The Fruit of the Spirit Is Love, Joy, Peace . . .
The Fruit of the Spirit (Part 4)
Peace I leave with you. My peace I give to you. Not as the world gives do I give to you.(John 14:27)
My young friend Josh Woo is visiting his parents’ homeland of Korea while on summer vacation from his studies at the University of Southern California. Today, I read the email he sends occasionally to friends and family. Over the weekend, he visited the DMZ, that “demilitarized zone” marking the border between North and South Korea, part of the settlement which ended the Korean War in 1953. Josh sent several pictures, including one showing a sign with the number: 21,172.
“That’s the number of days since the Korean War ended,” he said. Then he surmised, “This probably means that in their minds that war is not really over.”
I expect he’s right. What we have here is a truce, an agreement to disagree. For each of those thousands of days, relations between these two nations and its people have been strained.
What we do not have is peace.
The Fruit of the Spirit Is Love, Joy . . .
The Fruit of the Spirit (Part 3)
In the 1950s, Frank Lovejoy was a popular movie and television actor. Wonder how someone decided to join those two fruit-of-the-Spirit qualities into one name. And wonder if anyone has tried it with any of the others. Is anyone on the planet named Gentlenessgoodness? Faithfulnesshumility? Probably not.
No question but the first three qualities that make up this Christlikeness–love, joy, and peace–are the best-known and best-loved of the nine. I suspect ten times as many sermons have been preached on these three than all the remaining six combined.
Joy is the flag flown from the castle of your heart to show the king is in residence.
I would have thought C. S. Lewis’ book “Surprised by Joy” dealt with his meeting Joy Davidman Gresham who became his wife. Instead, its subtitle gives it away: “The Shape of My Early Life.” The joy which took this Oxford professor of English literature so by surprise arrived when he put his faith in the Lord Jesus Christ. He had built up such an army of misconceptions regarding the Christian life that when it arrived, he found it to be nothing like anything he had anticipated. He was unprepared for the joy.
“Joy,” Lewis later wrote, “is the business of Heaven.”
The Fruit of the Spirit Is Love
The Fruit of the Spirit (Part 2)
This is the second in a multi-part series by Dr. McKeever on the fruit of the Spirit. Read: Part 1.
But the fruit of the Spirit is love, joy, peace…. (Galatians 5:22)
Recently in a McComb, Mississippi, coffee shop, a lady whom I had just sketched felt she had to tell my pastor friend and I about her switch to another religious system from the Baptist church of her youth. She said, “Every Sunday the priest preaches about love. No matter what the sermon is on, he manages to mention it in some way.”
We said nothing. And even though I know better, what I felt was, “Oh, great. He mentions love. Well lah-de-dah.” You’ll be glad to know I did not speak that. I’m glad to know I instantly rebuked myself for even thinking it.
The simple fact of the matter is that love is a biggie. Love is the very nature of God, we’re told in I John 4:16. Anyone who takes God seriously is not allowed to cavalierly dismiss the subject as unworthy of their attention.
No New Testament writing is so saturated with love more than the First Epistle of John. It is no stretch to say that those who know the Lord Jesus Christ will themselves be saturated with love.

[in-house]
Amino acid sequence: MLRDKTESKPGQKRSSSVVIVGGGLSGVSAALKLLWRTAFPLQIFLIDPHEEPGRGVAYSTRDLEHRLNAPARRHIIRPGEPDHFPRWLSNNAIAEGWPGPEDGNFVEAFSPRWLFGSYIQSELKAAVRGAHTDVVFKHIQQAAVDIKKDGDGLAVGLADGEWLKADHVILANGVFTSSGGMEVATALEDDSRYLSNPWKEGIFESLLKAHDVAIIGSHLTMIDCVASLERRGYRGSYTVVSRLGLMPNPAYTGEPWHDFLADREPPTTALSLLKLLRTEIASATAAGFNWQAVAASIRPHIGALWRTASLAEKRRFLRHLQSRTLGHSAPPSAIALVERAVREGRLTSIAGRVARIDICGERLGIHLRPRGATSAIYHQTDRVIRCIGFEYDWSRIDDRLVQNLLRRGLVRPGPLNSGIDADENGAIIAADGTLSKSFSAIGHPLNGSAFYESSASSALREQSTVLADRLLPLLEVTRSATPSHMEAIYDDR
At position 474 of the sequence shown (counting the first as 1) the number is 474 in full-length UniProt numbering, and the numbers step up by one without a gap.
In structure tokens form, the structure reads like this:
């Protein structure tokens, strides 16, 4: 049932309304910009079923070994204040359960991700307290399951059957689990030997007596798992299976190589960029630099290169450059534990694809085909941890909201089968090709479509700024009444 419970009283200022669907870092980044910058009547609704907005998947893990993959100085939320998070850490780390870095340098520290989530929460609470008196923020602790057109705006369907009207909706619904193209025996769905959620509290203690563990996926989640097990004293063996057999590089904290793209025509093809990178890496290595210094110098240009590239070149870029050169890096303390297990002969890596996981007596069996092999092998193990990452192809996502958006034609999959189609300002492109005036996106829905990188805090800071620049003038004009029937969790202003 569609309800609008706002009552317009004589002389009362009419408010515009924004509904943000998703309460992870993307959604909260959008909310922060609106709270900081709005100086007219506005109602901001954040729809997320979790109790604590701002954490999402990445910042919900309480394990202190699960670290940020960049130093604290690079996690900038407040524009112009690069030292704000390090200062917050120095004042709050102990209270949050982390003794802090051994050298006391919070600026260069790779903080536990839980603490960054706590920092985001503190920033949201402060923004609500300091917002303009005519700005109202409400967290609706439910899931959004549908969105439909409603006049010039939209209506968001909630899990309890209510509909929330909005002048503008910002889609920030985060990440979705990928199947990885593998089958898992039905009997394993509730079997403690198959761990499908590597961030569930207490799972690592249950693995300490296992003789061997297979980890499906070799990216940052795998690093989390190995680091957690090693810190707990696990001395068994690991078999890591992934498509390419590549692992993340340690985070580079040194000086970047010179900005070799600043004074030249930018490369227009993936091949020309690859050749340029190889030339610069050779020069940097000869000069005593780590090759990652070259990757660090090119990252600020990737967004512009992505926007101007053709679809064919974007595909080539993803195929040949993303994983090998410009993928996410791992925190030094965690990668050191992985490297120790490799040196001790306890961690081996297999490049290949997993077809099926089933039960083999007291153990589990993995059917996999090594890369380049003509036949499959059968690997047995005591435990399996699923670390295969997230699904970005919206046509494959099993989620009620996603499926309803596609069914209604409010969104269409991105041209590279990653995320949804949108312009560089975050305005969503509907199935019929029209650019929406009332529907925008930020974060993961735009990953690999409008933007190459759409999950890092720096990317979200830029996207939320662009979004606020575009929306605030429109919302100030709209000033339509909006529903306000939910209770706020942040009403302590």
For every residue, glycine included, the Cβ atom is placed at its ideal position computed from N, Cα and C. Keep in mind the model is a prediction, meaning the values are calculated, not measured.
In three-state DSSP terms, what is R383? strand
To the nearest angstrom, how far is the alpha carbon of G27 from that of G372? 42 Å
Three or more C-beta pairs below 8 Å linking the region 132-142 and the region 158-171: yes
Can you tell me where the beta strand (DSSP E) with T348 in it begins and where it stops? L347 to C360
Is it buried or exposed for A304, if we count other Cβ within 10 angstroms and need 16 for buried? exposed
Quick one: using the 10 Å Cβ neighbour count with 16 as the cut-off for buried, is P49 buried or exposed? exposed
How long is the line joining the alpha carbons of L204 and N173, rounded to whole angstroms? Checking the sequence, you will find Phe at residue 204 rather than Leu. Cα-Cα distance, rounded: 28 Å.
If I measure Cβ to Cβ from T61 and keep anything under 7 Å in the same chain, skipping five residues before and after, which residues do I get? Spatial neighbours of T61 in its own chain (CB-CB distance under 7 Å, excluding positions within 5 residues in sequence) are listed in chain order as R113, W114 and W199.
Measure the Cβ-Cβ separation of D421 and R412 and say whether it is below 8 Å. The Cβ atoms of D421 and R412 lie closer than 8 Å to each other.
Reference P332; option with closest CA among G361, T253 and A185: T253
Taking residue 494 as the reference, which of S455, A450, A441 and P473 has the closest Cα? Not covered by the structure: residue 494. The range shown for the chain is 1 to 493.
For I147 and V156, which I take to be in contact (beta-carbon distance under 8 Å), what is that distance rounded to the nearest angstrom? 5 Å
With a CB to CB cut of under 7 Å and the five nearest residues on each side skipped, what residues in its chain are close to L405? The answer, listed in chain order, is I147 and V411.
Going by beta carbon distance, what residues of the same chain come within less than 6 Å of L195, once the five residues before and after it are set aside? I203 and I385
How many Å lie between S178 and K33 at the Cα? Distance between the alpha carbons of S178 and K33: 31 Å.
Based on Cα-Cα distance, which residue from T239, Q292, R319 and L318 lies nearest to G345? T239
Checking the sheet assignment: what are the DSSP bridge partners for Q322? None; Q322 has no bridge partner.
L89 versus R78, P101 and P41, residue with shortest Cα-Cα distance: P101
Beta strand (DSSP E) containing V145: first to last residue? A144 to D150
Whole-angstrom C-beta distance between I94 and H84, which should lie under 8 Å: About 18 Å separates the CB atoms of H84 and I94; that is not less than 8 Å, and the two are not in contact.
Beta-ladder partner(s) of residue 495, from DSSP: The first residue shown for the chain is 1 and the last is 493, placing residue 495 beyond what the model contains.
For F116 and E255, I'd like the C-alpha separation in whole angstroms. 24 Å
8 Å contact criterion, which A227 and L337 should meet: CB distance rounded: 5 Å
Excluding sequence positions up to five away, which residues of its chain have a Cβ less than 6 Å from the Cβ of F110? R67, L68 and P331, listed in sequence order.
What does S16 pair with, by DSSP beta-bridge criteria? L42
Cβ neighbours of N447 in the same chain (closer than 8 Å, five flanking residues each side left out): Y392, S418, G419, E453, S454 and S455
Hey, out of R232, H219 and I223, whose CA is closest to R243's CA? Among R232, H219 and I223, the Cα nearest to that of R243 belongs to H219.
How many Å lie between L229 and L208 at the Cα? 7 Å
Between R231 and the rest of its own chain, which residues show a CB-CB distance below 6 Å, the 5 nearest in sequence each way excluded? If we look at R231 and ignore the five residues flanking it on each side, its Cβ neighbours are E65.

Counterfeits of the Spirit’s Fruit
The Fruit of the Spirit (Part 1)
This is the first in a multi-part series by Dr. McKeever on the fruit of the Spirit.
But the fruit of the Spirit is love, joy, peace, longsuffering, gentleness, kindness, faithfulness, humility, and self-control. (Galatians 5:22-23)
Half the people I know in church have this list of Christlike qualities memorized. But I find myself wondering if they also know the list of counterfeits which precedes it. In some respects, it’s every bit as important to know the negatives, the dark side, the alternate universe if you will, of those wonderful positives.
Now the works of the flesh are evident, which are: adultery, fornication, uncleanness, lewdness, idolatry, sorcery, hatred, contentions, jealousies, outbursts of wrath, envy, murders, drunkenness, revelries, and the like; of which I tell you beforehand, just as I also told you in time past, that those who practice such things will not inherit the kingdom of God. (Galatians 5:19-21)
Theological Vocabulary Thursday
Libertarian Free Will: Jesus’ Reaction to Jerusalem’s Rejection Reflects the Father’s Reaction
By L. Manning Garrett III, Ph.D., Pastor, East Laurel Baptist Church, Jackson, TN
Regarding last week’s article, “Two Versions of Free Will in Southern Baptist Life,” there were several comments pertaining to my reference to Jesus’ reaction to Jerusalem’s rejection of Him in Matthew 23: 37-39 and Luke 13:34-35. One respondent observed that it is not clear why nonCalvinists think this episode in Jesus’ life counts against Calvinism. I will show why I think this text supports the idea that Jesus believed that the Jerusalemites had libertarian free will — they rejected Him but could have accepted Him.
Calvinist compatibilists will argue that the Jerusalemites are responsible for rejecting Jesus because they were acting on their deepest desire: they wanted to reject Jesus. Further they will argue that the Jerusalemites “could not have accepted Jesus,” while libertarians claim that the Jerusalemites had the real option to accept Jesus but chose to reject Him. NonCalvinist libertarians and Calvinist compatibilists differ with respect to whether or not the Jerusalemites had the real option “to desire to accept Jesus.”